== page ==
The second response, at least according to one individual who contacted me, was that BT began to send out new routers (type unspecified, but I assume it was a BT HomeHub) at the rate of 400 per day to allow customers to download the upgrade.   Clearly an expensive and ultimately unsustainable fix.

Then it was suggested that if business users sent their router serial numbers to BT, a provisioning server would fire off a firmware upgrade.

Now we hear that BT has begun to listen to those of its customers who'd done a little bit of digging and discovered that BT,  in common with a few other telcos around the globe who use 2-Wire routers, who had asked for the firmware and GUI of the 2-Wire to be "locked down" to such an extent that many of its more desirable features were inaccessible to the user, were suffering from similar issues.  In fact, the problem is Apple agnostic and would occur with any download bigger than 2Gb.  It was clearly caused by a firmware/settings issue.   It was the ubiquity of the Mountain Lion download issue that had flushed out the issue.

BT now seem to have accepted this and come up with a fix.  I hear that by changing a few router settings and turning off the firewall, the 2-Wire can be forced to download files bigger than 2 Gb - and then reset to its original settings afterwards - a bodge of classical proportions.  A permanent firmware fix, and one that doesn't diminish the value of the 2-Wire firewall, is needed pretty swiftly.

The really sad thing about this is, if BT had retained the open architecture of the original 2-Wire firmware, instead of trying to lock it down so only they could tweak the router.  Some enterprising BT customer would have spotted the issue, possibly even before it had arisen, and come up with a better and more permanent fix, perhaps even an improved firmware variant.   BT and other UK and global ISPs should really start to ask themselves why many customers consign the ISP-provided routers to eBay or the dustbin, or, why these same customers rave about Netgear DG834 series routers, or those from BiPac, Vigor, etc.  It is simply that these customers understand much more about broadband than their ISPs appreciate, they like to monitor their connections and improve them.   Above all, they have the ability to do this.   We might begin to get things turned around when BT and the other ISP's understand that "crowd-sourcing", if sensibly controlled, could simplify their business and cut costs. Whether it is is improving router firmware, or putting fibre into the ground, a crowd-sourcing approach may have much to offer - selfish self-interest is always a good way to move things along.

Saturday, 28 July 2012

Problems Downloading Mountain Lion

There have been several reports of people having problems downloading the latest vesion of the Mac OS - Moutain Lion.  I've had the same problem myself with my own and other MacBooks, an iMac and a MacMini.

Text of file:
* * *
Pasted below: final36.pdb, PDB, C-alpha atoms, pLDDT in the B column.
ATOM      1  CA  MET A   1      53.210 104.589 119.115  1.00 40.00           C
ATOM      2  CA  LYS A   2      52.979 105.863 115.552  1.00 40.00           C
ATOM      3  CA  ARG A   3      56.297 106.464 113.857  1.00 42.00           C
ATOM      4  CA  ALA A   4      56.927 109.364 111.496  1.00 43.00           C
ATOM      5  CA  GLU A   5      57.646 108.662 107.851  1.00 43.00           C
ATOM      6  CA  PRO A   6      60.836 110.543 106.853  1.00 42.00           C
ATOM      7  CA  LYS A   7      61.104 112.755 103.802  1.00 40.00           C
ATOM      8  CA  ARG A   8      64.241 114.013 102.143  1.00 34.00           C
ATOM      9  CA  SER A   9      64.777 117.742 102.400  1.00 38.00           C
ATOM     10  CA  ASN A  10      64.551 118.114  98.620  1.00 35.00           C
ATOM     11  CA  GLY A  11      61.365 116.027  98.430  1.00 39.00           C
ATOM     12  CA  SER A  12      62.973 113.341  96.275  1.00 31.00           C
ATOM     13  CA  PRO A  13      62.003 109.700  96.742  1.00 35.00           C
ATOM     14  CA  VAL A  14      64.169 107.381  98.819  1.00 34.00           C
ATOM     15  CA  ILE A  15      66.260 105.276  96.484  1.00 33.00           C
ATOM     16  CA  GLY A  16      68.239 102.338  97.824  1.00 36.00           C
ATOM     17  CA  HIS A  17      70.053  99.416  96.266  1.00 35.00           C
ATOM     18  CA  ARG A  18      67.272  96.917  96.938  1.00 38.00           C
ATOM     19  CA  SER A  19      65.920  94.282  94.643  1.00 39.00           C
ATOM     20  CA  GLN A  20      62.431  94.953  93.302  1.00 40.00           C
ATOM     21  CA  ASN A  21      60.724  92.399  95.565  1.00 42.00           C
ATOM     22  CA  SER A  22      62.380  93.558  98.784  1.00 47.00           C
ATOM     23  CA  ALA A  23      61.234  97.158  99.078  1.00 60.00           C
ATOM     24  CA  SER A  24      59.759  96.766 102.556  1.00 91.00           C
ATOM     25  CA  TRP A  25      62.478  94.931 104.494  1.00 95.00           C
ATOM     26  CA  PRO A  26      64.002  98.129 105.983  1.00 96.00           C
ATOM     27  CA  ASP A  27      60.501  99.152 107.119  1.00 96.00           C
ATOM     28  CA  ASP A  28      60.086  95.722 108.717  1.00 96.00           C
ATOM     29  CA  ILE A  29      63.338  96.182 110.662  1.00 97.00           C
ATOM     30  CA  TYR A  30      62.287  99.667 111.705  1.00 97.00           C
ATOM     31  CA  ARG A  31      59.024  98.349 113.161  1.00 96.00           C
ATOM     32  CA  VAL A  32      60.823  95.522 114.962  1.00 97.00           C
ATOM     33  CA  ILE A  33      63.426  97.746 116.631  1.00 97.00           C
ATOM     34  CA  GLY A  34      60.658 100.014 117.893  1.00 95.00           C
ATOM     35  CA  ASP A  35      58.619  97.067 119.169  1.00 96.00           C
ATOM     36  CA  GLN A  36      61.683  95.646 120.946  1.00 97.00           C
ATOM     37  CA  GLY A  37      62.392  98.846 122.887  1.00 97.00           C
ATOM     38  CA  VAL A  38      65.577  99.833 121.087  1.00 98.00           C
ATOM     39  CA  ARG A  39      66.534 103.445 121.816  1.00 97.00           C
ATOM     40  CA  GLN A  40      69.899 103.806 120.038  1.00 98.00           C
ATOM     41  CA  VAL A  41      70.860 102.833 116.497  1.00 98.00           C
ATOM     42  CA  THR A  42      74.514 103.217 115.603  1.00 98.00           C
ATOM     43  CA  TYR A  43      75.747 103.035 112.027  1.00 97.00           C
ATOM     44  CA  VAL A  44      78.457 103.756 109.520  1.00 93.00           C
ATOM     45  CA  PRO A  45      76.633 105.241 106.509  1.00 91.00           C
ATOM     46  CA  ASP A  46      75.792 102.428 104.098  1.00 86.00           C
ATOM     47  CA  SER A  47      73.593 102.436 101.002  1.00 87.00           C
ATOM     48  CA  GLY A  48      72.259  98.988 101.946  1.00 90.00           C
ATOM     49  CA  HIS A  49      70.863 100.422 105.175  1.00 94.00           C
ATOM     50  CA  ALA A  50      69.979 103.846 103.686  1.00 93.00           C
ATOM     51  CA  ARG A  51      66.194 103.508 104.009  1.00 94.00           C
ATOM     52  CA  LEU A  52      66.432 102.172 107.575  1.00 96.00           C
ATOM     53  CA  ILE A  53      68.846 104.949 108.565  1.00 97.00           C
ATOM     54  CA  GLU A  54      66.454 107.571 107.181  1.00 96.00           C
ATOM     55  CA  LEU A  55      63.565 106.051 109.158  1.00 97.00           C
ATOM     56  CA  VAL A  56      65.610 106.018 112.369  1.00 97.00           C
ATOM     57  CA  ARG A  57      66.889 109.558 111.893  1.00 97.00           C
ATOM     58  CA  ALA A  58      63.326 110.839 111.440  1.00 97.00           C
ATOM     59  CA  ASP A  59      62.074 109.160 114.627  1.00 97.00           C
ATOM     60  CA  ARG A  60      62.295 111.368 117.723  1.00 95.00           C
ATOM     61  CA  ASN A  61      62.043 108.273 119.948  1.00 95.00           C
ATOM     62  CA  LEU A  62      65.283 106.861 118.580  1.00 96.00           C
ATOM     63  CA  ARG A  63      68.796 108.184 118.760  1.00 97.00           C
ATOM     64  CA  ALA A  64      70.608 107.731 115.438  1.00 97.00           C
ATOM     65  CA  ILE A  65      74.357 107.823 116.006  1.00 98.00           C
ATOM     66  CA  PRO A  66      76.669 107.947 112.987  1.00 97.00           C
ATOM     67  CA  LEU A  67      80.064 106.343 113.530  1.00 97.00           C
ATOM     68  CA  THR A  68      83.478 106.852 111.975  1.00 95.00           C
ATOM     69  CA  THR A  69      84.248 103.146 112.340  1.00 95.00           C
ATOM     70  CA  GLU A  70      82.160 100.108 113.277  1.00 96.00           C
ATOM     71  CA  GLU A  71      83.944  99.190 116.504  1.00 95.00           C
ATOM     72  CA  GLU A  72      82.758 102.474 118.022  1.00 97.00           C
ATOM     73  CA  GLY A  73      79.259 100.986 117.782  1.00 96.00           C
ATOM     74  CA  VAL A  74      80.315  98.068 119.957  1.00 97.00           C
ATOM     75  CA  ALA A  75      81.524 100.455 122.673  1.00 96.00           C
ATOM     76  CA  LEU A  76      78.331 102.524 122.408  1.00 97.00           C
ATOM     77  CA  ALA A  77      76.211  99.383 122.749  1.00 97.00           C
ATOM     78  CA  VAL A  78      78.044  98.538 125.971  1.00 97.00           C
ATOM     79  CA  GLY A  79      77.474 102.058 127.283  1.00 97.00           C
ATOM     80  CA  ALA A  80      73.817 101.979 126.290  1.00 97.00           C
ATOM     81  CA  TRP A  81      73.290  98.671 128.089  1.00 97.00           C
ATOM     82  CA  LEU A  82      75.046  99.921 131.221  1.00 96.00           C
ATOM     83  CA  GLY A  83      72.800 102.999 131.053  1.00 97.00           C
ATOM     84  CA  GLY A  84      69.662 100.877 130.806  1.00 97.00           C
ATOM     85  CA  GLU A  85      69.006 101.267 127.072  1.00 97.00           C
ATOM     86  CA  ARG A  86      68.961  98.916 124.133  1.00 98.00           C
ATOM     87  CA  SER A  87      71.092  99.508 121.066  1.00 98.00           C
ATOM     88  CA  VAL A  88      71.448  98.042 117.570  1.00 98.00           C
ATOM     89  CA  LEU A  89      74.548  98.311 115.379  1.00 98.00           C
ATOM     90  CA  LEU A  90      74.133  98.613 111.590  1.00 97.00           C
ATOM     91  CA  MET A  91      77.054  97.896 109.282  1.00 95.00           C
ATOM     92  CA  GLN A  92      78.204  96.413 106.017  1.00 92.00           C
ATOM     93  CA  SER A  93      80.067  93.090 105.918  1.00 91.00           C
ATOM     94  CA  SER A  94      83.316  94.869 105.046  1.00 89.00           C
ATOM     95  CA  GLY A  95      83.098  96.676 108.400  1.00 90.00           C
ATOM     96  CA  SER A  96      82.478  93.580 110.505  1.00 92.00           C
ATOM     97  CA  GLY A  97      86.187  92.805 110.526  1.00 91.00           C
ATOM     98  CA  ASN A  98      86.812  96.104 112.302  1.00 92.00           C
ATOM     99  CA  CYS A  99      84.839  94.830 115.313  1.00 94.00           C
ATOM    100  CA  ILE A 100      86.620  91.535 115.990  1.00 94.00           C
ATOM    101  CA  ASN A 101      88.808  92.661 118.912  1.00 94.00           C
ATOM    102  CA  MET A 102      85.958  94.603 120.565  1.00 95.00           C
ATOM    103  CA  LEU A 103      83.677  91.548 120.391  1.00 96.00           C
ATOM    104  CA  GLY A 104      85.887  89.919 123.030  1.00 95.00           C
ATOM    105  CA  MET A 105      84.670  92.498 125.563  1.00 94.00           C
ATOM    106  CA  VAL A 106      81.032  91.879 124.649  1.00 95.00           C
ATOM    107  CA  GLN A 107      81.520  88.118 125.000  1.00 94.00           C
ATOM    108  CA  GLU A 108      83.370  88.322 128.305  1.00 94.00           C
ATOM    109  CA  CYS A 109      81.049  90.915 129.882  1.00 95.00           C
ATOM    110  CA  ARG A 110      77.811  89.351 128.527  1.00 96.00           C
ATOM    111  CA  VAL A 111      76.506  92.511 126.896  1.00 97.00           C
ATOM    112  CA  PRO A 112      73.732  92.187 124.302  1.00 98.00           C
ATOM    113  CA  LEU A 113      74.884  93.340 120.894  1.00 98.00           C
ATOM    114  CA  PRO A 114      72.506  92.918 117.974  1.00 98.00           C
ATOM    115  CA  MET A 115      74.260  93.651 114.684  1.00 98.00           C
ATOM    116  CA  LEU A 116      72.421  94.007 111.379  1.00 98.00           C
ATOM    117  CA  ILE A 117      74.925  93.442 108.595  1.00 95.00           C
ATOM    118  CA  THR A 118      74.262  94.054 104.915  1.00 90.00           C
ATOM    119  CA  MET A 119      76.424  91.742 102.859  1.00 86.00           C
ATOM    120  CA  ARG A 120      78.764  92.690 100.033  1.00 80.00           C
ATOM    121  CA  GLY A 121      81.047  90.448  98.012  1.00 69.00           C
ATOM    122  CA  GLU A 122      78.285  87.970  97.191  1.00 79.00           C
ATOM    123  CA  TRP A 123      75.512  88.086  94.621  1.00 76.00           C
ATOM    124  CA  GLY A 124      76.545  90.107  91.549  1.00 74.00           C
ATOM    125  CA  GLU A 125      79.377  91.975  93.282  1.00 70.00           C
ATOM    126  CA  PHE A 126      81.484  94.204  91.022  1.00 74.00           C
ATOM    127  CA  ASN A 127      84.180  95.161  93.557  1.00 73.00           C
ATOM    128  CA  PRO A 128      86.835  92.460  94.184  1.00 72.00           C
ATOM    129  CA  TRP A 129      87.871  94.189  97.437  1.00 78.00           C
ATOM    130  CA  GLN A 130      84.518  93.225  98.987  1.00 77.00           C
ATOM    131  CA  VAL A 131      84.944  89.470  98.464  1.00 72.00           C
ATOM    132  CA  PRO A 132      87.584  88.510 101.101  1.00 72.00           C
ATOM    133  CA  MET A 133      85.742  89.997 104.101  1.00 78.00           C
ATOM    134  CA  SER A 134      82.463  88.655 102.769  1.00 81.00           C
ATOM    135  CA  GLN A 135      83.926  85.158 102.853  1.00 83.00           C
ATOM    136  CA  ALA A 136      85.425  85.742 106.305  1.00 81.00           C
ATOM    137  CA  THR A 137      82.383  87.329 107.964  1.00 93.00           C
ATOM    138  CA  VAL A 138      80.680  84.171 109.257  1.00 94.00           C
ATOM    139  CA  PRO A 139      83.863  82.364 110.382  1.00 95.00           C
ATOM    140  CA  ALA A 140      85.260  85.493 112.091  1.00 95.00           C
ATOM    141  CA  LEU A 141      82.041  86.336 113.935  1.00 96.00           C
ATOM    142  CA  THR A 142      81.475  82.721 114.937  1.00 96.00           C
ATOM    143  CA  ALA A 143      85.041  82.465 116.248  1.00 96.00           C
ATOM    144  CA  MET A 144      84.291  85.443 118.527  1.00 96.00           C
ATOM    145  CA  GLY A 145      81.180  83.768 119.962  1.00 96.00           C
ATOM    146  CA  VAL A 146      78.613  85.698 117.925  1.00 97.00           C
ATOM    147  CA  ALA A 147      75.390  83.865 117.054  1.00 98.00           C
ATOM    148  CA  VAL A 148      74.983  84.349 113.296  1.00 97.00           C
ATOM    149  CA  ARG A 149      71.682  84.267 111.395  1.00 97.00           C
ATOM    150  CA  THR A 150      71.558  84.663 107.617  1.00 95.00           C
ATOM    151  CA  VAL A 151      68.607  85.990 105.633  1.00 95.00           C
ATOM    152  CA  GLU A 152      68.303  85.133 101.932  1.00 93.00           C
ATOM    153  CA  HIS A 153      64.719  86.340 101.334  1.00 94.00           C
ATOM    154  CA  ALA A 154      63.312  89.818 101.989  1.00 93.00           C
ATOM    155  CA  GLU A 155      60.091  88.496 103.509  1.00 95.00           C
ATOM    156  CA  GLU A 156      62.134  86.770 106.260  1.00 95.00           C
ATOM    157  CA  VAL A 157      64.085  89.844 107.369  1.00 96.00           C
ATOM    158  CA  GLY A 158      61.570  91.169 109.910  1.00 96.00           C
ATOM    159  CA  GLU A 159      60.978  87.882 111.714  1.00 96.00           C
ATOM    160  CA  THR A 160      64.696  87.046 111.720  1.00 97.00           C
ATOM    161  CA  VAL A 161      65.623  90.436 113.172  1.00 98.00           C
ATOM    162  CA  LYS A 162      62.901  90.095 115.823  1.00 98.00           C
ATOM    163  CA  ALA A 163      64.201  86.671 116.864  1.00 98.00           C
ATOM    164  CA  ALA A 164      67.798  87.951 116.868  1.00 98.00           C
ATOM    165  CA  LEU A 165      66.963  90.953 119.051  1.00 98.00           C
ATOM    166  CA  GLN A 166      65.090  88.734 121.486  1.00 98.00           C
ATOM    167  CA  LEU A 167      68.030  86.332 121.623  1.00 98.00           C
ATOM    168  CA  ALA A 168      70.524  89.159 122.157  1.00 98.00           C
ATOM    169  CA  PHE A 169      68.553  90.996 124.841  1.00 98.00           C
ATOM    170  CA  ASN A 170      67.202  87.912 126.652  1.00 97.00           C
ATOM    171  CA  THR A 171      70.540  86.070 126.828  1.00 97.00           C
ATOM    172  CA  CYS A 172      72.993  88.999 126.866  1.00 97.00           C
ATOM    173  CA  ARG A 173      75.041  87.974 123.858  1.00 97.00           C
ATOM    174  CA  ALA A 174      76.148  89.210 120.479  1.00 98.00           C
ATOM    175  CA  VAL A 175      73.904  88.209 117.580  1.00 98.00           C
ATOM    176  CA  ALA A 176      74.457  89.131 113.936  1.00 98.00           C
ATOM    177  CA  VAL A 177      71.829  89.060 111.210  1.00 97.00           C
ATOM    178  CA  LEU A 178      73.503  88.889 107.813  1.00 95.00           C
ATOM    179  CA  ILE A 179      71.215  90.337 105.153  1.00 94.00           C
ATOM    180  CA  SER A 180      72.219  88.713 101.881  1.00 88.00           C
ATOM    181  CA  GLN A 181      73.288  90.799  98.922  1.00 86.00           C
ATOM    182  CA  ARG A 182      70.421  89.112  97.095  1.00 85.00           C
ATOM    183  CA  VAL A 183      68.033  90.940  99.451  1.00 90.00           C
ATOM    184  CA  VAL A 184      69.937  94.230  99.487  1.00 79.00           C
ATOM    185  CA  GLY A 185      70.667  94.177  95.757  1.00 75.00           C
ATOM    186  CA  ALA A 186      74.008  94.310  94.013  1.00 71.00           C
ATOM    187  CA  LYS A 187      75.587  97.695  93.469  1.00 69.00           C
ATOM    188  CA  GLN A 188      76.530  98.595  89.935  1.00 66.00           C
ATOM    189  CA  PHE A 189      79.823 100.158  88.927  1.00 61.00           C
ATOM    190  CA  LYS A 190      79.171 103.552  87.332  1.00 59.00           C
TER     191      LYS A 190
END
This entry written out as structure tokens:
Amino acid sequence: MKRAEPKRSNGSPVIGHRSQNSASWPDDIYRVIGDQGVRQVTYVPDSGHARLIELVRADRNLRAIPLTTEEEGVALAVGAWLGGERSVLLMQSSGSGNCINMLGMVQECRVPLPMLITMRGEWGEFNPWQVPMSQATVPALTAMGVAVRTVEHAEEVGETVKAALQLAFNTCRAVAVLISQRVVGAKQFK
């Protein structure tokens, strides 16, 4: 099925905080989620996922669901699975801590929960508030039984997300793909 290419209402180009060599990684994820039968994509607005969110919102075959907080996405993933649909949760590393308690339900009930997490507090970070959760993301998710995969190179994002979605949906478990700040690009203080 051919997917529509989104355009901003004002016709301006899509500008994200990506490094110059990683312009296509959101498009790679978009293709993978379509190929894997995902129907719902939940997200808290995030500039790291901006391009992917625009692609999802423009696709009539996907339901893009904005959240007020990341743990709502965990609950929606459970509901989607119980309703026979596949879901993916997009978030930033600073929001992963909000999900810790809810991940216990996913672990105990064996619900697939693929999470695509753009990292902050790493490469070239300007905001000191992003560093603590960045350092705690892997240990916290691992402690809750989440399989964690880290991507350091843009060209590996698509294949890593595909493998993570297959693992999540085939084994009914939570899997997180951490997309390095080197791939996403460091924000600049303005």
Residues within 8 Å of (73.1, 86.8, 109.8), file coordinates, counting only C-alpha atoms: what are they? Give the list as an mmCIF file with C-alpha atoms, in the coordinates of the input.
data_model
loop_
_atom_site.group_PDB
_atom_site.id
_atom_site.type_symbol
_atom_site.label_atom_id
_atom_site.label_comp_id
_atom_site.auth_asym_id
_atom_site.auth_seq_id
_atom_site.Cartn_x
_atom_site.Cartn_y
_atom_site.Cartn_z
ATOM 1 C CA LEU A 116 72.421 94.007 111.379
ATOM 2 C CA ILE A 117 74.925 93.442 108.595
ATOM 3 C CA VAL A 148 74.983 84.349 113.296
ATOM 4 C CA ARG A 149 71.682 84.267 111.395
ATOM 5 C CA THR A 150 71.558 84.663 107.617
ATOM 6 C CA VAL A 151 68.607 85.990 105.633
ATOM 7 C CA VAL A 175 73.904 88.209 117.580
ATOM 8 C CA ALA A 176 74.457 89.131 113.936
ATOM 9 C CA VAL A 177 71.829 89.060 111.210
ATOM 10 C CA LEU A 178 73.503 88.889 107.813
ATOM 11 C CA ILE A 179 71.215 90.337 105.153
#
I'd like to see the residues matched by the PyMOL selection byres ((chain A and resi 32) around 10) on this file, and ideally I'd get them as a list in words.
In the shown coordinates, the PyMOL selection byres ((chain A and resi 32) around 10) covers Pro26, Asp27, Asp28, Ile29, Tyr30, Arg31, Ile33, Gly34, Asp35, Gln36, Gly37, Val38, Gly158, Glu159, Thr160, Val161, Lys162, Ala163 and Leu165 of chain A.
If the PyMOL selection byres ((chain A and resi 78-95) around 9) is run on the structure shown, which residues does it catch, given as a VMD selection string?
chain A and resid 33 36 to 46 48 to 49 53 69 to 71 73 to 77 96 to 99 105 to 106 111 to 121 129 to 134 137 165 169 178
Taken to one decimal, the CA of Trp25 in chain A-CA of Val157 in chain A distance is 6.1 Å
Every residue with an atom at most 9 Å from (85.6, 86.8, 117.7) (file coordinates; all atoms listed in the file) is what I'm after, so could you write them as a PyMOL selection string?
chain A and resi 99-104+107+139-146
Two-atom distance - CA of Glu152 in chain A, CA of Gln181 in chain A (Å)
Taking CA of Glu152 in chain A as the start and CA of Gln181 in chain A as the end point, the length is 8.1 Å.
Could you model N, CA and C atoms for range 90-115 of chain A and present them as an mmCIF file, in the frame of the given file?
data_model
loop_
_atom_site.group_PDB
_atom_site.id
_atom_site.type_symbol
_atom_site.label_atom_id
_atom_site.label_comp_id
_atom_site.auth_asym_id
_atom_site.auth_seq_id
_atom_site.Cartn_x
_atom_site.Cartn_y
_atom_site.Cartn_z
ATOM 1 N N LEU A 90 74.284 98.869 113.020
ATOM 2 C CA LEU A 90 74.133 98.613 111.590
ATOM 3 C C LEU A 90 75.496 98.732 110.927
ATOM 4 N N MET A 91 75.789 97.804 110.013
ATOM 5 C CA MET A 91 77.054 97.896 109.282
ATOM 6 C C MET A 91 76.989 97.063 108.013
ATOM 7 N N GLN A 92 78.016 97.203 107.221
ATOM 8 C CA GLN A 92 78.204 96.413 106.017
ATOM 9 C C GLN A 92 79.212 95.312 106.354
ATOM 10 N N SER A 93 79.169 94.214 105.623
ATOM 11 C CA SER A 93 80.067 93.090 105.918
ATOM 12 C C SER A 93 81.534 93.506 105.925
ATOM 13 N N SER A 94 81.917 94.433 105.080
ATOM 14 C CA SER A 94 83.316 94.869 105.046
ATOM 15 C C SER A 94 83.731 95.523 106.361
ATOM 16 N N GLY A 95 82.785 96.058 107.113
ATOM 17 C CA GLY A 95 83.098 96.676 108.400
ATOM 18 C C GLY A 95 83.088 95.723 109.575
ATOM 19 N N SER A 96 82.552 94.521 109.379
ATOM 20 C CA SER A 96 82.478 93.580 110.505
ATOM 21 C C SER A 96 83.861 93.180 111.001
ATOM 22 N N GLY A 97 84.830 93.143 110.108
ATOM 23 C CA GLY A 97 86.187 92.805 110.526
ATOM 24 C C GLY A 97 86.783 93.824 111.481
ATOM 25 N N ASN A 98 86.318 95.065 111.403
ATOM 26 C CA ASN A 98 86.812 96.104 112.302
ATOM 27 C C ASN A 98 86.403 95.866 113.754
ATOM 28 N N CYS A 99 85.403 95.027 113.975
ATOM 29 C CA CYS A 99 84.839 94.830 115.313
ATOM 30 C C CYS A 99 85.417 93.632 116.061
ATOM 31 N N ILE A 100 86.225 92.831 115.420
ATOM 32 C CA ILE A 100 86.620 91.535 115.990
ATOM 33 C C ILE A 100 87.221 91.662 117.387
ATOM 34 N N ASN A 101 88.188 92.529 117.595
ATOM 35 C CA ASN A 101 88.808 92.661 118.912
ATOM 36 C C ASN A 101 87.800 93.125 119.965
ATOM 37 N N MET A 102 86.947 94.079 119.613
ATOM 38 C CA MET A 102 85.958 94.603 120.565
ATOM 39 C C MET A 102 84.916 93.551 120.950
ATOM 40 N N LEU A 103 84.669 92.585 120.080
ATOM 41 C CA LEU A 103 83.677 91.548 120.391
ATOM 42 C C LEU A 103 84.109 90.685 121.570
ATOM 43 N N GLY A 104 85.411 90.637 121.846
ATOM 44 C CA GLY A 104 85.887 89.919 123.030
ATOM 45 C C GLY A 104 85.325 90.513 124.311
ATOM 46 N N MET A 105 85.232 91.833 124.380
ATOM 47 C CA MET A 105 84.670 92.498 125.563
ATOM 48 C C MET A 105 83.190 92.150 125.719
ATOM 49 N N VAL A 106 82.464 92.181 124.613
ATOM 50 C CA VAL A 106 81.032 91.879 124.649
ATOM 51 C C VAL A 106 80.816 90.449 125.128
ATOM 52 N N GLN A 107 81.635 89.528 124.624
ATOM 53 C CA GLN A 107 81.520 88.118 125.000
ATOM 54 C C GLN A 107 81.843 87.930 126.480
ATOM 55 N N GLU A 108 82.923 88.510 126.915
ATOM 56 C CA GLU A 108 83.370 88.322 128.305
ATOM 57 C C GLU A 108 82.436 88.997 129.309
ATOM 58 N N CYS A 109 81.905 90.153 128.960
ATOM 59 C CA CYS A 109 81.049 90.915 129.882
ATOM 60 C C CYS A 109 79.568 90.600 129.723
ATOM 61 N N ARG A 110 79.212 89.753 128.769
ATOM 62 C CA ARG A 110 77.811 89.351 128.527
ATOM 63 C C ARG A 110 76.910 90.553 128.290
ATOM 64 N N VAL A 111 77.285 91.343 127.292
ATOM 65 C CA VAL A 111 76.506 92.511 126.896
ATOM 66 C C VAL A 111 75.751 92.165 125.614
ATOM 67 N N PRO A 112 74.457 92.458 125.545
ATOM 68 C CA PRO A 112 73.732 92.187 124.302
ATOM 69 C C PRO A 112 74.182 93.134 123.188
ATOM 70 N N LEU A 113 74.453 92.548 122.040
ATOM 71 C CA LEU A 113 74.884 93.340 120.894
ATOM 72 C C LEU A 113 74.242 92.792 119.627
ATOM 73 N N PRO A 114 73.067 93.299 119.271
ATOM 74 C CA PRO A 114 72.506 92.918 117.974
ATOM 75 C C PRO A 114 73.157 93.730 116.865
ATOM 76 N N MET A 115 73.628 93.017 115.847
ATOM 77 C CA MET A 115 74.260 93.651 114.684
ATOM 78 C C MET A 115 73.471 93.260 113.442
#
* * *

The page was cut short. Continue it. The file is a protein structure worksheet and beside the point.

There seem to be two discrete issues when it comes to downloading the upgrade.   The first is an App store message that says:

"We could not complete your purchase.  The product distribution file could not be verified. It may be damaged or was not signed."

It seems that this may be caused, at least in some cases, by Intego Virus Barrier X6.  You will need to remove the antivirus completely, try the download again and now it should begin.  If it does, reload your antivirus.   DON"T FORGET THIS BIT!

The second issue happens when you are happily downloading the upgrade and it gets to 53.25 Mb and stalls.  

This is bit harder to get to grips with, but here is the solution.

Although I am a domestic BT Broadband user, I have a BT 2-Wire business hub which copes with the the dreadful rural telecoms infrastructure in my neck of the woods.   It seems that the 2-Wire is the problem.

Following a lead I found on the internet, I've just replaced the 2-Wire with a Netgear router and the problem has gone away.   The download is now well passed the 53.25 Mb level - 302.46Mb and counting.

Pity it is going to take an estimated 22 hours to complete the download though!

 Bottom line. If you are a Mac using BT Broadband customer, with a 2-Wire BT Hub, running Intego Virus Barrier X6 - you are probably a very unhappy bunny at the moment - unless you have found your way here!

Non-UK readers may wish to know that the BT Business Hub is a 2-Wire 2700 HGV as shown at the top of the page!
Having had some major problems with my own broadband service, I understand how others struggle to get help from BT.

There is a lot of good information out there, but it can be hard to find. So this blog is an attempt to pull some of it together, in one place.

It's a blog that really shouldn't be needed - if only BT and possibly other ISP's in the UK, provided useful customer support.